The Just Eat share price has been hammered over the last 4 months and has dropped 40.6%, wiping out over $2,000,000,000 in shareholder wealth. The reason for this may be concerns about the migration to a less profitable business model and the twin risks of being out manoeuvred by Deliveroo and UberEats with delivery at the same time as facing the same legal risks in employing delivery riders. We believe that Just Eat is in the worst position of the 3 big companies, with too little, too late as far as offering delivery.
What are the goals of the Deliveroo, UberEats and Just Eat?
We believe that each company has their own endgame in mind.
Just Eat – trying to play catch up with delivery services in an effort to retain market share. This may be very difficult given the lead that the other companies have, although they do have a very large number of Restaurants working with them for orders. The challenge will be to scale up the number of delivery customers and riders to be competitive and profitable.
Deliveroo – The focus is to decrease the business that goes through Restaurants by increasing the prevalence of their ‘Dark Kitchens’. We think that once they have the dark kitchens working well, they will start replacing chefs with their own staff, possibly in a Gig Economy type of arrangement. By not paying retail prices for the lease and being able to cook 10 cuisines out of the one location, they will be able to decrease costs and make traditional restaurants unprofitable. We believe that they have missed the big point about why people go out to Restaurants. It is not just about the food.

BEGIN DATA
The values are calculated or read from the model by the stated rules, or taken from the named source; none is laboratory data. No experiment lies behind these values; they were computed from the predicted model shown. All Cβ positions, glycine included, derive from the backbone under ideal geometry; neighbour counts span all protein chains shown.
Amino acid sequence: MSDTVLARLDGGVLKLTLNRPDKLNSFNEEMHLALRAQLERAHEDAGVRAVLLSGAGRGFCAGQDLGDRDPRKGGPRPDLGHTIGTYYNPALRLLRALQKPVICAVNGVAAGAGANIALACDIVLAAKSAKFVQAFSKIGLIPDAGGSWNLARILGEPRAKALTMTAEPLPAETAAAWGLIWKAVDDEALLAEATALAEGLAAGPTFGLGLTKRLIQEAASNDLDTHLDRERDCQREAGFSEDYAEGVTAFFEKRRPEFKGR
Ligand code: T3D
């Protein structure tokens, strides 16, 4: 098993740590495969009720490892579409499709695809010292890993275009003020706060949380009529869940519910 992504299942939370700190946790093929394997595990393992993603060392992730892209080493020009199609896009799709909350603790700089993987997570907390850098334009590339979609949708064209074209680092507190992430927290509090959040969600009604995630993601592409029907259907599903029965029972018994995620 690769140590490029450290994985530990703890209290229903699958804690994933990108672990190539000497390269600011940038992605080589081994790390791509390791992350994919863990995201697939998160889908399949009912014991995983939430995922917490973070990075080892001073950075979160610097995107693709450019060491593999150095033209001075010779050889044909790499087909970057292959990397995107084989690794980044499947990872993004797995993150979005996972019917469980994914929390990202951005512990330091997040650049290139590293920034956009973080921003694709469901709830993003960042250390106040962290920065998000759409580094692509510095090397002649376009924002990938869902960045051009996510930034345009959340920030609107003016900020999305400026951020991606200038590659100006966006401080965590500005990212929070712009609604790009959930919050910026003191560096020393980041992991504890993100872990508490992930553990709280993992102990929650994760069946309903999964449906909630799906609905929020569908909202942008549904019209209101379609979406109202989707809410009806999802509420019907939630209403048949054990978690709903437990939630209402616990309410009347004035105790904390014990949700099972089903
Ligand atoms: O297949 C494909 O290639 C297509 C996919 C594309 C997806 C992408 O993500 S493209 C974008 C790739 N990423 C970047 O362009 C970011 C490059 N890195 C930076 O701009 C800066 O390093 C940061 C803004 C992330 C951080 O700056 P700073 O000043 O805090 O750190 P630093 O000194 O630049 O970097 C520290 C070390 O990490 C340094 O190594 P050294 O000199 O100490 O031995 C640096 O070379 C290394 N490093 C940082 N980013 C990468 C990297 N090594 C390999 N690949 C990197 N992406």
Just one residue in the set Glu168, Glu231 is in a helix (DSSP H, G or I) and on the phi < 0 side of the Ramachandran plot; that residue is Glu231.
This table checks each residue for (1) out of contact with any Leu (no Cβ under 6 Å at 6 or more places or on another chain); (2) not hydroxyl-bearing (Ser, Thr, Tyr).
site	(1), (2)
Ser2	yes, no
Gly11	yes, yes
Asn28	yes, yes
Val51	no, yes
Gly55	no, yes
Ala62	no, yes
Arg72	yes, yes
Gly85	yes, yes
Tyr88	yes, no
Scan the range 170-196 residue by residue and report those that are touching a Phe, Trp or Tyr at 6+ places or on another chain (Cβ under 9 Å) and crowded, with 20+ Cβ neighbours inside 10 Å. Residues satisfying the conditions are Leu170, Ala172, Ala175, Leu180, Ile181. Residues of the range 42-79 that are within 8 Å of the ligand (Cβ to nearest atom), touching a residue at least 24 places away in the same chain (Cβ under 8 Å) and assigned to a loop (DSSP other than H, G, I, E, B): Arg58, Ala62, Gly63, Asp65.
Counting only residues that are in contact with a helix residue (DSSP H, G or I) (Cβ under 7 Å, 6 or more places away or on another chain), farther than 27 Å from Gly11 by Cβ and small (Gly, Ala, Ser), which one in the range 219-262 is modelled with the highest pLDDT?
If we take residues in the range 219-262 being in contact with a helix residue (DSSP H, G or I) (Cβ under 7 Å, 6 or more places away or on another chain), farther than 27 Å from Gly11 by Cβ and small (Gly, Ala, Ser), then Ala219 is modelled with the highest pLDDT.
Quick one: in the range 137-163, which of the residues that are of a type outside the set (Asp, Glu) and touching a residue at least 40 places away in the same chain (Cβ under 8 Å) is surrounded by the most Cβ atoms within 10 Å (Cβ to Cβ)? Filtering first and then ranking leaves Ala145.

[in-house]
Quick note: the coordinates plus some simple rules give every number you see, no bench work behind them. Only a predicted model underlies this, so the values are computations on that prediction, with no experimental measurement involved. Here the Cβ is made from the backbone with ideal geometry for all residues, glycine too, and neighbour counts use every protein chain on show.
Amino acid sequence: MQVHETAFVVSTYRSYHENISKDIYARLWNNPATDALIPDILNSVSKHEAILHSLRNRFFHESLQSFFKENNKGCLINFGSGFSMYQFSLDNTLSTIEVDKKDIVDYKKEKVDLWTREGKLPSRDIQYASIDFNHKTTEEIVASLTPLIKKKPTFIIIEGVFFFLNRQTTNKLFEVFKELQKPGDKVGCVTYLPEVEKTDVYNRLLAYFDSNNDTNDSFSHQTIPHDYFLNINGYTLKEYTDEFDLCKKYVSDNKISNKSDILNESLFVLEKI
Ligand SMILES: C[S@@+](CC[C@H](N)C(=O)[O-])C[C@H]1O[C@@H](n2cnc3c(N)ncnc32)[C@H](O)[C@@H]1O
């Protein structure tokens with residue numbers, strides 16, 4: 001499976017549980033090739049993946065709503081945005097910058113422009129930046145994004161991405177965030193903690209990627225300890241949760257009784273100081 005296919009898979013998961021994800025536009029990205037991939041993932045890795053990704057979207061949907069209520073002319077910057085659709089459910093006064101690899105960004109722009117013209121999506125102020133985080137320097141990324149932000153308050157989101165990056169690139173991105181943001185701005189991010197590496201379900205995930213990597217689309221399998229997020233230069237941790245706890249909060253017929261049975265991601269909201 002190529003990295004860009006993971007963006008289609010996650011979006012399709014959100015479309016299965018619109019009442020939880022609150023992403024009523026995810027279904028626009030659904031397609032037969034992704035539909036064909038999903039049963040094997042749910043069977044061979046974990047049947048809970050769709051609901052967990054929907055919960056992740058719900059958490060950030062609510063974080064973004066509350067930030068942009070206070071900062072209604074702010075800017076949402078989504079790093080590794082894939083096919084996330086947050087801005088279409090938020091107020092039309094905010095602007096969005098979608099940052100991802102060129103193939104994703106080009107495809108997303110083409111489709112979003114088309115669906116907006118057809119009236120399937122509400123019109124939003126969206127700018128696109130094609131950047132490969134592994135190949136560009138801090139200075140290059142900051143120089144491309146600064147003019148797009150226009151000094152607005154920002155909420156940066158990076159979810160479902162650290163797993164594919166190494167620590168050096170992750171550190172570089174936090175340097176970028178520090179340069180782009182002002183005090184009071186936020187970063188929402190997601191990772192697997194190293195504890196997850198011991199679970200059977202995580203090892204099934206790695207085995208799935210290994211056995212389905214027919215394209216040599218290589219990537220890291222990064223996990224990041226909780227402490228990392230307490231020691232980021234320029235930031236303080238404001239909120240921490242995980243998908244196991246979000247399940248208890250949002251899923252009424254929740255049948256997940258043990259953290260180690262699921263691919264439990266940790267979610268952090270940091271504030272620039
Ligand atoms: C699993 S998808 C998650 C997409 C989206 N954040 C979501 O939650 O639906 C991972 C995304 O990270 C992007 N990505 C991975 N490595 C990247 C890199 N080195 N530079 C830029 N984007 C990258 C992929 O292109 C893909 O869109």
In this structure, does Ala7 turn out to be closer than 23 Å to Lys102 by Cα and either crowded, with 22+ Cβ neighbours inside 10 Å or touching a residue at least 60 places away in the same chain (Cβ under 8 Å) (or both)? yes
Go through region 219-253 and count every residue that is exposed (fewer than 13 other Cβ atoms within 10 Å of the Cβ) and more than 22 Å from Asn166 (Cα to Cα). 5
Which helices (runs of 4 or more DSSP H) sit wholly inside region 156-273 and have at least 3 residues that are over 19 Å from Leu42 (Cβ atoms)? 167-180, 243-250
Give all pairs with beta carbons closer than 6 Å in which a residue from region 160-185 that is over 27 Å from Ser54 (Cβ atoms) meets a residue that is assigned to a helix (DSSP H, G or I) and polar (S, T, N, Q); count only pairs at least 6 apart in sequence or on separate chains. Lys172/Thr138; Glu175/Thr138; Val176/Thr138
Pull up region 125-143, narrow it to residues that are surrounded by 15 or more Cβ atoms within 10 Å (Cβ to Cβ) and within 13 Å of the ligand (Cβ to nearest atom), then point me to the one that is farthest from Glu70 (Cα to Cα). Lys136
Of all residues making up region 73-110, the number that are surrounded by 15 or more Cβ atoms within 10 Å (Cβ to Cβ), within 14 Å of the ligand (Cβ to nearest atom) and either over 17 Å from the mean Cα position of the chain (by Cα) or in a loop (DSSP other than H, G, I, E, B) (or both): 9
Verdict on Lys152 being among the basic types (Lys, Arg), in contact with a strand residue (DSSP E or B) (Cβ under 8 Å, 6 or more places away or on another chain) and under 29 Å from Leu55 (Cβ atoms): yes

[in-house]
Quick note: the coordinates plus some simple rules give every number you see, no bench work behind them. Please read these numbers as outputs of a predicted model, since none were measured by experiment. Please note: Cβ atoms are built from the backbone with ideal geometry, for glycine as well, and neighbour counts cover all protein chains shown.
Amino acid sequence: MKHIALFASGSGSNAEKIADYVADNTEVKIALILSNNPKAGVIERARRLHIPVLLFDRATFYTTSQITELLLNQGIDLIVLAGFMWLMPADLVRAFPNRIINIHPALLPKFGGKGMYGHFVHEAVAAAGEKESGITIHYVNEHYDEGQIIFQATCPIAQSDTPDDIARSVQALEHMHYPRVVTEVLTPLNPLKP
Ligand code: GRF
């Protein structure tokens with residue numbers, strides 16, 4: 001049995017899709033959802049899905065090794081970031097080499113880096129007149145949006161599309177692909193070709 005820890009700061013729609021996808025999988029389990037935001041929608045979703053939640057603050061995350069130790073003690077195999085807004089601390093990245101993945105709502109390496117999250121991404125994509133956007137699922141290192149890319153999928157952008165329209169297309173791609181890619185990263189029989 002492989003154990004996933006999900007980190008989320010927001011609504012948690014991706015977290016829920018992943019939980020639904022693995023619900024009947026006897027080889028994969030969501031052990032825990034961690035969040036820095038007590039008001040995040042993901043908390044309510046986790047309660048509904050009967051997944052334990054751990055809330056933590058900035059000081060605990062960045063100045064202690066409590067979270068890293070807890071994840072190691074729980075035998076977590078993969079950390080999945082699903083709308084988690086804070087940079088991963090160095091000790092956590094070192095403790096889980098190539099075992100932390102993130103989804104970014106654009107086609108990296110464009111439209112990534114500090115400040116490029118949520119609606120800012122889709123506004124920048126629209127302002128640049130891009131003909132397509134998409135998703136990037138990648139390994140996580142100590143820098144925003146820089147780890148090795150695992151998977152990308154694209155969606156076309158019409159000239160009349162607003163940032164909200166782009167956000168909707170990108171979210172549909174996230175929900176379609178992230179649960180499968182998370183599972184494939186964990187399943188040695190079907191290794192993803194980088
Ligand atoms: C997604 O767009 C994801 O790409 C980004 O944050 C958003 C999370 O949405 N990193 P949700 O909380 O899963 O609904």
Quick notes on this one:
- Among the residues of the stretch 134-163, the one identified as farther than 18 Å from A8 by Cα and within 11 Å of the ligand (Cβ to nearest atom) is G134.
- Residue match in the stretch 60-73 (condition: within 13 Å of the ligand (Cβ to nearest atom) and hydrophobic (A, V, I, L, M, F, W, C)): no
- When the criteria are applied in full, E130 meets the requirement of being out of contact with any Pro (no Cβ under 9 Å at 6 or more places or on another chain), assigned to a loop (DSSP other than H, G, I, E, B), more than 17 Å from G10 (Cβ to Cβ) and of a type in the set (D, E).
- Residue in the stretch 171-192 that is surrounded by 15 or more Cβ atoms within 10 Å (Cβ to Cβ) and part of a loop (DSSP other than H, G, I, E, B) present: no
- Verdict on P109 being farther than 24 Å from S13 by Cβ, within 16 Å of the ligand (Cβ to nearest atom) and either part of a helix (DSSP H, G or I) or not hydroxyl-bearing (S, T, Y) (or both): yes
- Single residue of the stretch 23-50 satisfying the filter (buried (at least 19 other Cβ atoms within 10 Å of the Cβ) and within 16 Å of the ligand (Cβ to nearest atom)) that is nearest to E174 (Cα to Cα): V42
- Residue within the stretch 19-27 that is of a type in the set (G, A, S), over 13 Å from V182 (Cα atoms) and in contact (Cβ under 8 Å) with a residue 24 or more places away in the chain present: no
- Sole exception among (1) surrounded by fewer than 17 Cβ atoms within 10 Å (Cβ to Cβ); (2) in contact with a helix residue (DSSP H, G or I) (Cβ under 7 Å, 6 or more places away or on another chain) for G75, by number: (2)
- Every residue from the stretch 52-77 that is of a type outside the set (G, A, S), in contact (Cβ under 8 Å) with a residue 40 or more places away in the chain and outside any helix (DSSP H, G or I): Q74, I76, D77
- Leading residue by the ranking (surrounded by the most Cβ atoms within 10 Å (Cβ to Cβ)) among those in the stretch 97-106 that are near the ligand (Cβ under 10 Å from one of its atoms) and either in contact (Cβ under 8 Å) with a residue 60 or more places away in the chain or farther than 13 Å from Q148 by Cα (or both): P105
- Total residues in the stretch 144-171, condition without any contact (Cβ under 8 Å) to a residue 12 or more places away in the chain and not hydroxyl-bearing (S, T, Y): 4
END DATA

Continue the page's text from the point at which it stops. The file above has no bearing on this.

UberEats – Automatic delivery of the food is the end game for UberEats. Uber is already heavily invested in self driving car technology and the ability to deliber without paying for the driving could make the delivery game cost competitive. They can then do away with the need to have ‘independent contractors’ as a part of the business model.
The question of survability comes down to how much money is in the coffers and how quickly each company is buring through it. Just Eat has been profitable with ordering only, but could experience vastly higher costs as it attempts to muscle in on the 2 delivery leaders. We believe that the next 6 months could be pivotal in the future of these companies. The decreasing share price of Just Eat may restrict the ability of Deliveroo and UberEats to raise further capital and would see a trade sale become a necessity in order for the businesses to survive.
As for the Restaurants themselves, there is increasing use of Free Restaurant OnLine Ordering systems like FROLO as their turn away from the ‘Frenemies’ and ‘business partners that they never wanted.’
We spoke recently to a FROLO customer who had taken over $200,000 in online orders, saved $26,000 in Menulog commission and most importantly, collected over 1,000 email address from loyal customers. This makes a massive increase in the profitability of a local Restaurant. He has been able to sue some of those savings to fund his own marketing campaigns, building his brand and increasing his profits even further.